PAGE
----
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Environmental concerns, together with the fast-pacing changes in the renewable energy technologies, have led to significant growth of renewable energy sources (RESs) in energy systems. Among different sources of renewable energy, wind and solar energy are the most progressed sources so far. However, high penetration of RESs in the power network can cause serious problems in the power system, as these energy sources are hardly dispatchable. On the other hand, appearance of new electric loads in the power system, especially electric vehicles (EVs), increases the electric demand of the network, and causes higher fluctuations in the demand.
In countries such as Denmark, different incentives have been proposed and applied to encourage customers for investing on solar photovoltaic (PV) panels. These policies have increased the number of household PV panels. However, presence of such small energy sources in low voltage (LV) network affects the traditional behavior of these systems, as it leads to reverse power flow, from the customers to the upper network. Such reverse power flow brings new challenges to the system, while it also brings new potentials for transmission system operator (TSO) and distribution system operator (DSO) to use the reverse power flow for balancing purposes.
The first objective of this research is to quantify and analyze the impact of PV panels and EVs on LV network, and to determine the maximum capacity of LV network for hosting PV panels and EVs. Details of the studies are presented in chapter 2. In the first step, a proper modeling approach has been defined for loads, EVs, and PV panels. Details of the load modeling are presented in chapter 2. For EVs, the modeling is applied considering lithium-ion (Li-ion) batteries, considering the growing interest of industries in these batteries. A detailed modeling of Li-ion battery is presented in chapter 2 as well. PV panels are modelled as a function of solar irradiation and ambient temperature. In the next step, the impact of PV panels and electric vehicles on LV network was quantified separately. For PV panels, different placement of panels in the LV network has been analyzed and studied to find out the network operating limits in dealing with these small energy sources. Besides, an optimization study has been applied to the network to determine the maximum ancillary service which can be provided by PV panels for the power system, considering the operating limits of the power system and transformer capacity. On the other hand, different charging strategies have been proposed for EVs to determine maximum penetration of EVs in the LV network. These strategies are based on voltage measurement of LV grid nodes, and location and placement of EVs in the LV network. Different types of EVs, with different distance profiles (DP) have been considered in the studies. In the third step, the potential of PV panels and EVs for providing grid support and ancillary service for the power system has been analyzed. The main objective of this analysis was to quantify the capacity of LV network for providing ancillary service for power system. To do so, an optimization problem has been proposed and applied to the network.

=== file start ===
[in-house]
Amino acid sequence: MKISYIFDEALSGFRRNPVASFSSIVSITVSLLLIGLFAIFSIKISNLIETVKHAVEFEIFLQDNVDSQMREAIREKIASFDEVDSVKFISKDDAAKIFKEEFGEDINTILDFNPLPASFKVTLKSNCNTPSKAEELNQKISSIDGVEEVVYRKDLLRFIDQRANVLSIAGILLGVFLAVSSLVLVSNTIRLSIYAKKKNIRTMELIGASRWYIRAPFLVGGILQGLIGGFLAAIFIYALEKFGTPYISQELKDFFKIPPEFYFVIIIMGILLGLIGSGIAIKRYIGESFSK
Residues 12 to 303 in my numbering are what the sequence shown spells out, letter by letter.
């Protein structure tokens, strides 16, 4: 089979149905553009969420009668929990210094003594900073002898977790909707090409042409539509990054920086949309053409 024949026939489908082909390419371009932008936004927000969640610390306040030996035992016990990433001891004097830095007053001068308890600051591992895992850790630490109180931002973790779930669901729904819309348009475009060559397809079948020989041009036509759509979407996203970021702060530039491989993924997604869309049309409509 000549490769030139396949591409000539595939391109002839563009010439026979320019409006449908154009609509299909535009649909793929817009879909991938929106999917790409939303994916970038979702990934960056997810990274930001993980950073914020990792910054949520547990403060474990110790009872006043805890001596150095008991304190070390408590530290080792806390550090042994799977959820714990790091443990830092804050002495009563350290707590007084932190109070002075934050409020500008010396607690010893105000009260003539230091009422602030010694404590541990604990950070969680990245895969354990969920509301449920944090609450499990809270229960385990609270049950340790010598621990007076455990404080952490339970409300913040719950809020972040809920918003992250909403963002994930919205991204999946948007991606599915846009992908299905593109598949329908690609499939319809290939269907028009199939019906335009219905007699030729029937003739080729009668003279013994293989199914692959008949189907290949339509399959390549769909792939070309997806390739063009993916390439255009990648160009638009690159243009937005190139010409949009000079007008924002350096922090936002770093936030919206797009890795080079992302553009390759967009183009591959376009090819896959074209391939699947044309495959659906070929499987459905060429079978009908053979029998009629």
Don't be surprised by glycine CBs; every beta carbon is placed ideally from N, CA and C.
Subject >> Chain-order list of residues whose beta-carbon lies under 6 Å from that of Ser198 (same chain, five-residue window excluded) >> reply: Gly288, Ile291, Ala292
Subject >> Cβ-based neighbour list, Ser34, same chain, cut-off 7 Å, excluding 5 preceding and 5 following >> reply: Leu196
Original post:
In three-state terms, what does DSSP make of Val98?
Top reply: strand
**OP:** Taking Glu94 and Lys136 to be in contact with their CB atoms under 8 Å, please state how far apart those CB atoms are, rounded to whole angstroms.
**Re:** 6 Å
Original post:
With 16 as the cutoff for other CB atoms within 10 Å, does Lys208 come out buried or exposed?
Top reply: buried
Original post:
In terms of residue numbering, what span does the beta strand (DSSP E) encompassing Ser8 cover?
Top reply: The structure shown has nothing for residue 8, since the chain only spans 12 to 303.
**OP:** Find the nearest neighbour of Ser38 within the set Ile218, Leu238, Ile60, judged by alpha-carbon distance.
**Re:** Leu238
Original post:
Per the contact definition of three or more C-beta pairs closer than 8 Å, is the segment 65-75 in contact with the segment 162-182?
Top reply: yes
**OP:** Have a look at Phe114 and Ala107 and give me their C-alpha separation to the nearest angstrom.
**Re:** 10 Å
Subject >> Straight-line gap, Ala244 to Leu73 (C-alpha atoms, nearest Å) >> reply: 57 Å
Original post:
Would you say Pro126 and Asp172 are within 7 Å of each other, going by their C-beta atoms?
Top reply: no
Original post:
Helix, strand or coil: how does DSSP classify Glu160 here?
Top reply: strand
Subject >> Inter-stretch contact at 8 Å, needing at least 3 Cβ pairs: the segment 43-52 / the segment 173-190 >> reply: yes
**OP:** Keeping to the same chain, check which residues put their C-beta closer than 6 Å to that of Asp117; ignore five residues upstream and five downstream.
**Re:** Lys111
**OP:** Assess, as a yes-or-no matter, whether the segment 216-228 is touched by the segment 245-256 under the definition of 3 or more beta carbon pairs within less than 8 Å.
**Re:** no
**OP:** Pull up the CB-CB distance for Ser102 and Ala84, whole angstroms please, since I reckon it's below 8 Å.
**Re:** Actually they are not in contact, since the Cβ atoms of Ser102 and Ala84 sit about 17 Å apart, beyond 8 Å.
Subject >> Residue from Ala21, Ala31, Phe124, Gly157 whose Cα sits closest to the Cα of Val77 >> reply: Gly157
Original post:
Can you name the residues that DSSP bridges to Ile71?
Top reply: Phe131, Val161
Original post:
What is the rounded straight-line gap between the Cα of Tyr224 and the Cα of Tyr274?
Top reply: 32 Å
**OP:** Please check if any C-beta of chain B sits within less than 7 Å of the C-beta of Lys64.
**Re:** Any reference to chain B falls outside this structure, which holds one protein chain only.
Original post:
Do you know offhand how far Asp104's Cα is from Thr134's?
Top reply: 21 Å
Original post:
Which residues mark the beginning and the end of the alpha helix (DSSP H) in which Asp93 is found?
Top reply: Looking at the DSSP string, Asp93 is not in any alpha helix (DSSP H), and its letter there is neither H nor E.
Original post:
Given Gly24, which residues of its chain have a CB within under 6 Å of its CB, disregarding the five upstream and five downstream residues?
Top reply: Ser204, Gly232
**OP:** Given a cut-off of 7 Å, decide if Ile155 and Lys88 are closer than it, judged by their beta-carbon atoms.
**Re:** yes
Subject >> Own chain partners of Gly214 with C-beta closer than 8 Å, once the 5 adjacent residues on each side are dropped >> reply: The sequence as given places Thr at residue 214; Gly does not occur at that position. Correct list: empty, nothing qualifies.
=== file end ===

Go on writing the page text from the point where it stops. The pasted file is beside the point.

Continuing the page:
The second objective of this research is to evaluate the impact of active LV network on medium voltage (MV) network. To do so, an aggregated model of LV network in presence of PV panels and EVs has been proposed and simulated. The proposed aggregation technique is presented in chapter 3. Also, the impact of the LV network on the MV network has been quantified, considering residential, industrial, and commercial loads of the MV network. Chapter 4 presents the details of the analysis, as well as the details of the MV network. To generalize the analysis, a standard MV network has been used for the studies. The MV network is also an active network, i.e. it involves MV wind turbines and decentralized combined heat and power (DCHP). DCHP units play an important role in Danish power system, and they contribute to electricity production as well. Modeling of wind turbines is done considering real data of a Vestas wind turbine. For wind speed, a modified wind speed model has been used for wind turbines, considering the available wind measurement. Also, a detailed model of DCHP units has been used in this thesis. Details of wind turbine model, as well as details of DCHP are presented in the thesis.
The third objective of the research is to include the LV and MV networks in frequency response of the power system. Considering the increasing penetration of RESs in the power system, and the reducing role of traditional generation units, the power system frequency control needs to be modified as well. By other words, in the future grid scenario, active LV and MV networks are required to play a role in controlling the system frequency. Therefore, the traditional load frequency control (LFC) needs to be modified by including LV and MV networks. To do so, a modified LFC has been proposed in chapter 5 of this thesis. The main idea in this work was to use the fast response of DCHP units for frequency response of the system.
In conclusion, the main contribution of this thesis is to propose an intelligent strategy for managing high penetration of PV panels and EVs in the LV network, without reinforcing the network. Such solution helps DSOs to avoid or delay huge investments due to increase in demand, while it brings economic incentives for customers to consider RESs as a proper energy source. The other main contribution of this thesis is to propose a new aggregation technique for residential distribution networks, considering small energy sources and electric vehicles. Besides, this thesis proposes a modified LFC based on the DCHP units of MV network in order to improve system frequency response. The proposed modified LFC enables the LV and MV network to participate in system frequency response, and reduces the system dependency on central power plants for frequency regulation.
Original languageEnglish
PublisherDepartment of Energy Technology, Aalborg University
Number of pages151
StatePublished - 2015
Publication categoryResearch